Citing AT&T Technologies v. Communication Workers, (2) the Association argues that "substantive arbitrability" is determined by the Courts unless the parties have a specific clause in the labor agreement binding the parties to arbitration. In this case, according to the Association, Article 5 of the labor agreement binds the parties to arbitrate this dispute.
The pleadings viewed with testimony establish, the Association notes, an undisputed factual record. Those facts, the Association contends, establish "a cold blooded act of labor larceny." The Association requests the award of "an appropriate remedy" which takes into account that the record is undisputed and that the County "has caused unnecessary prolonged litigation and unnecessary expense in their refusal to comply with the collective bargaining agreement."
The County's Brief
After a review of the factual background, the County notes that the Wisconsin Supreme Court has established the "primary relationship" test to distinguish "on a case by case basis" between mandatory and permissive subjects of bargaining. Noting that the County has created the new position of Control Module/Booking Clerk; specified the duties of that position; filled that position with qualified employes; and "made a determination that said positions were clerical in nature and assigned those positions to the Courthouse Employees Association as the appropriate unit of representation", the County concludes it did not affect any position represented by the Association in any way "as a result of the creation of the new positions."
The County notes that claims to the arbitrability of disputes are virtually unlimited, but that judicial precedent establishes that "(n)ot every dispute . . . is subject to arbitration." Article 5 demands, the County contends, that a grievance question the interpretation or application of an agreement provision to be arbitrable. Neither the grievance nor the complaint state, the County asserts, "any indication that the Employer violated the terms of the agreement or Section 111.70, Wisconsin Statutes, by creating the positions in question." Under the "primary relationship" test, the creation of the positions was, the County concludes, a permissive subject of bargaining.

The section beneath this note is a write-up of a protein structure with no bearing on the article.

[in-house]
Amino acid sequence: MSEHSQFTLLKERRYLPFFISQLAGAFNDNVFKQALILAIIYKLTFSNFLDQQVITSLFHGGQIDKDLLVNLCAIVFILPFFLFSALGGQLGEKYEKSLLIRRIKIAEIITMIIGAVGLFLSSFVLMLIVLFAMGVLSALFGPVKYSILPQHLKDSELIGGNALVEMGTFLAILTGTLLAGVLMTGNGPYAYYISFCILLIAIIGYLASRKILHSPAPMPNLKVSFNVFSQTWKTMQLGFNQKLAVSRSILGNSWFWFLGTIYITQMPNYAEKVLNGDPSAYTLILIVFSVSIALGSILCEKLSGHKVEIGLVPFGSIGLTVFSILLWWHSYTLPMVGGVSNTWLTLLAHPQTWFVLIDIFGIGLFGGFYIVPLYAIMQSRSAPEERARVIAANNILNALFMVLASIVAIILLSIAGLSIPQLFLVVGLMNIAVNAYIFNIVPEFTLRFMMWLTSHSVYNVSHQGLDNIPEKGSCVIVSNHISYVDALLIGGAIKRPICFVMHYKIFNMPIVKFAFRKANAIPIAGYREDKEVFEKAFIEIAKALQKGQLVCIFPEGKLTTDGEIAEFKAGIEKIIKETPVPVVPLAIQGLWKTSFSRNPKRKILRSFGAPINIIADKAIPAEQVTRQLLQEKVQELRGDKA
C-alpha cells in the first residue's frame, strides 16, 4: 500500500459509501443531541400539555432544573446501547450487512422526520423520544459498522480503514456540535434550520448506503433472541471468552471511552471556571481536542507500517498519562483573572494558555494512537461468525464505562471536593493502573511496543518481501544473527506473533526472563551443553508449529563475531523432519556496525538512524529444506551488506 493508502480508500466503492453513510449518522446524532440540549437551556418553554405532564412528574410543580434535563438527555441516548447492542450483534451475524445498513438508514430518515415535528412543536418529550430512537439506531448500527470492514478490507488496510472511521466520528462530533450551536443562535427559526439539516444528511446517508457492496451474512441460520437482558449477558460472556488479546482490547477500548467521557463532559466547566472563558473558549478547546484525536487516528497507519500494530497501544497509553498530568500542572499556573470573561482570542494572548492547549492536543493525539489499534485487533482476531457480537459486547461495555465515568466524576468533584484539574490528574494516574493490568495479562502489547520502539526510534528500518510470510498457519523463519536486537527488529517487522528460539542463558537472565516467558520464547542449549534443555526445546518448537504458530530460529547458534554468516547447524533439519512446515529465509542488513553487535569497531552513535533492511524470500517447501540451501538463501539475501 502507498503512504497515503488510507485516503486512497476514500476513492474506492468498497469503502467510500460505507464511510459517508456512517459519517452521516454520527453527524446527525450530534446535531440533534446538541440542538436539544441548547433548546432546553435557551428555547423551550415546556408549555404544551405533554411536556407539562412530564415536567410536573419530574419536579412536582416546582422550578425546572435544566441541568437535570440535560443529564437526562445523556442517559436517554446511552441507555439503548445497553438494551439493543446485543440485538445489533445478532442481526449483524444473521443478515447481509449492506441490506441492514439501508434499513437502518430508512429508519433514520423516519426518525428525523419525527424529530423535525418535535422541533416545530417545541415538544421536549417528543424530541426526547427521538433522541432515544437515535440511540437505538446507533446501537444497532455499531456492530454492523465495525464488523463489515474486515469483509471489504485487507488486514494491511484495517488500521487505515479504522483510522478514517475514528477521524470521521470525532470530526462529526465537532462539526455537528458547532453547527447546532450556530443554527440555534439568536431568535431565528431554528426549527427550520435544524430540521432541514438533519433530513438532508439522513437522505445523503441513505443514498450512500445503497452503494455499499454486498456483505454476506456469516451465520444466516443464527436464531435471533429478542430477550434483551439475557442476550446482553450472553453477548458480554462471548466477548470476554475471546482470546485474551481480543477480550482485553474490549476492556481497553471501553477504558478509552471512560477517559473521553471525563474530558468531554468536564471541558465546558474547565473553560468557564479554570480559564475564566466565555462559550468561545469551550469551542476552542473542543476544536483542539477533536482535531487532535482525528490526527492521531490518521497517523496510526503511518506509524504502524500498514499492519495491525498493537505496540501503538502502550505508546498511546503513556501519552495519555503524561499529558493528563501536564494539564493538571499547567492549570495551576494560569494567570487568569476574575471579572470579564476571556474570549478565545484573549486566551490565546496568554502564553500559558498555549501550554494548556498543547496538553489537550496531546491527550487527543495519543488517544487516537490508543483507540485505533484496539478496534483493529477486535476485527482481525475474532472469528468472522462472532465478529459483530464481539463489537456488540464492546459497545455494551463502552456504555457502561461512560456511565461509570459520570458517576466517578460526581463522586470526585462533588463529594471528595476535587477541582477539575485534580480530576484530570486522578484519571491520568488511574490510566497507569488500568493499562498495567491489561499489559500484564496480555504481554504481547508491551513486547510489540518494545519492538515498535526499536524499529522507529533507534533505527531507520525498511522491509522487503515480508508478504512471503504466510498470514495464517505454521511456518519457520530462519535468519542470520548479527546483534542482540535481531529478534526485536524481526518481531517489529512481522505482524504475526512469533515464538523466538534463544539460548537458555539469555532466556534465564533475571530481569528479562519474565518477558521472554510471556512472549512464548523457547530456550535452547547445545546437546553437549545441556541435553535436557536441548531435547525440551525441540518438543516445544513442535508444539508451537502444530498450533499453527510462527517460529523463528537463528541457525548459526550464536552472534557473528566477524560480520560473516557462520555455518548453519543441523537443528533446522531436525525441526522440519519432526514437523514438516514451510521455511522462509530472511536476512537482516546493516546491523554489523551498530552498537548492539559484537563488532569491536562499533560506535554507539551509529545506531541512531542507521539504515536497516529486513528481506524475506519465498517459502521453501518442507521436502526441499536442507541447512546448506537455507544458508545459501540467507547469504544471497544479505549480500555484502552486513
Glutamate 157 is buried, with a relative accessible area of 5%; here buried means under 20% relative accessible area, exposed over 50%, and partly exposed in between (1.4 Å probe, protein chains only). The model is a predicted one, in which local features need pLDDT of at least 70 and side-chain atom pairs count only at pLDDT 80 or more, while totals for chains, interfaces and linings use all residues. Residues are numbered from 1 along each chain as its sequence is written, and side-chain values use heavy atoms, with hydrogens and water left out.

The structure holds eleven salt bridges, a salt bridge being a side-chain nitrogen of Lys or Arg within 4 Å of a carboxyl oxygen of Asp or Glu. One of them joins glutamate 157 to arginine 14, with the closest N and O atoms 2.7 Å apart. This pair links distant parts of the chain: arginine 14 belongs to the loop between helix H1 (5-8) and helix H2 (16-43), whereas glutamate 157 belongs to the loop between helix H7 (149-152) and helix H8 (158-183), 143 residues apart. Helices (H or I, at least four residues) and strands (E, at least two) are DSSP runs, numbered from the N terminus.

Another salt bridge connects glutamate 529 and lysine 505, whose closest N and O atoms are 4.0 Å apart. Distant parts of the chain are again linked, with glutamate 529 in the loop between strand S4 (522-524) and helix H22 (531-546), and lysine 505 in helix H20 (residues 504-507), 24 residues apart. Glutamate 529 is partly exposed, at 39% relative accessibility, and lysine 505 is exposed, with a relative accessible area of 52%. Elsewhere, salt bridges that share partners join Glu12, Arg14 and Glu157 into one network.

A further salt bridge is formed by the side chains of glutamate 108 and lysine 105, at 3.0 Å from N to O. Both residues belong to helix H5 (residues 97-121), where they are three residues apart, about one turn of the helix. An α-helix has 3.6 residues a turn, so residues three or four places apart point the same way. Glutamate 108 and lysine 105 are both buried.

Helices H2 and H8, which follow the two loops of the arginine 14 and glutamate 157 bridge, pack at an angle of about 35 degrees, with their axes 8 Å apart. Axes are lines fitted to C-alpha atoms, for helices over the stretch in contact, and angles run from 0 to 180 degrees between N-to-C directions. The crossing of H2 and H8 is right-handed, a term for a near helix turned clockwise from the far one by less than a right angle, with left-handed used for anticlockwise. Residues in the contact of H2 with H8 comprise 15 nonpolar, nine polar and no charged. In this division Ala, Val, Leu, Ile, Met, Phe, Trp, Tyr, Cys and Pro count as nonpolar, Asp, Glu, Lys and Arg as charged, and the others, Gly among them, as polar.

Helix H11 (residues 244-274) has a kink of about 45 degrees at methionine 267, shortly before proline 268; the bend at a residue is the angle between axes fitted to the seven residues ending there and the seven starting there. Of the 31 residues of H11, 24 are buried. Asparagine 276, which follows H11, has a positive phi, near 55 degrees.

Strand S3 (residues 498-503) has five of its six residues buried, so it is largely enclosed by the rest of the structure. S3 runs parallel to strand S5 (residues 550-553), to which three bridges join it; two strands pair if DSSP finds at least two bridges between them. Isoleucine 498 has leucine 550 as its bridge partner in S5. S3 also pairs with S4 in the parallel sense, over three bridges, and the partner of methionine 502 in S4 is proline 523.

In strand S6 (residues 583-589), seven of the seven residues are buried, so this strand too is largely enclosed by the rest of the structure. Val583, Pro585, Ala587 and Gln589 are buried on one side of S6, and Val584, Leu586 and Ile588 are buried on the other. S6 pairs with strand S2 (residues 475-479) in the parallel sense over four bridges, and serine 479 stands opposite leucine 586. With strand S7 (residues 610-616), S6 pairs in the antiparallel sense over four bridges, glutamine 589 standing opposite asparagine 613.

Nor can the grievance or the complaint be plausibly read to state any arbitrable challenge the County's right to assign duties to the new positions, or to fill those positions. The assertion that the County has subcontracted unit work is, the County argues, misplaced. The existence of a subcontract is, the County contends, "a mixed question of law and fact," which to be arbitrable must fall within the scope of a contract provision. Article I does not apply to work, according to the County, and does not limit its right to subcontract. It is, then, inapplicable, and it necessarily follows, the County concludes, that there is no issue under the agreement concerning subcontracting. The sole issue raised in this matter is, the County asserts, "the appropriate bargaining unit for the new employees." That determination is the Commission's under Sec. 111.70(4)(d)(2), Stats., according to the County.
The County concludes that the complaint should be dismissed and that "the County be granted such other and equitable relief as the Hearing Examiner believes is appropriate."
The parties dispute whether the grievance is arbitrable under Sec. 111.70(3)(a)5, Stats. The standards governing the enforcement of an agreement to arbitrate date back to the Steelworkers' Trilogy. (3) The Wisconsin Supreme Court incorporated, from the Trilogy, the teaching of the limited function served by a court or an administrative body in addressing arbitrability issues. (4) The Court stated this "limited function" thus: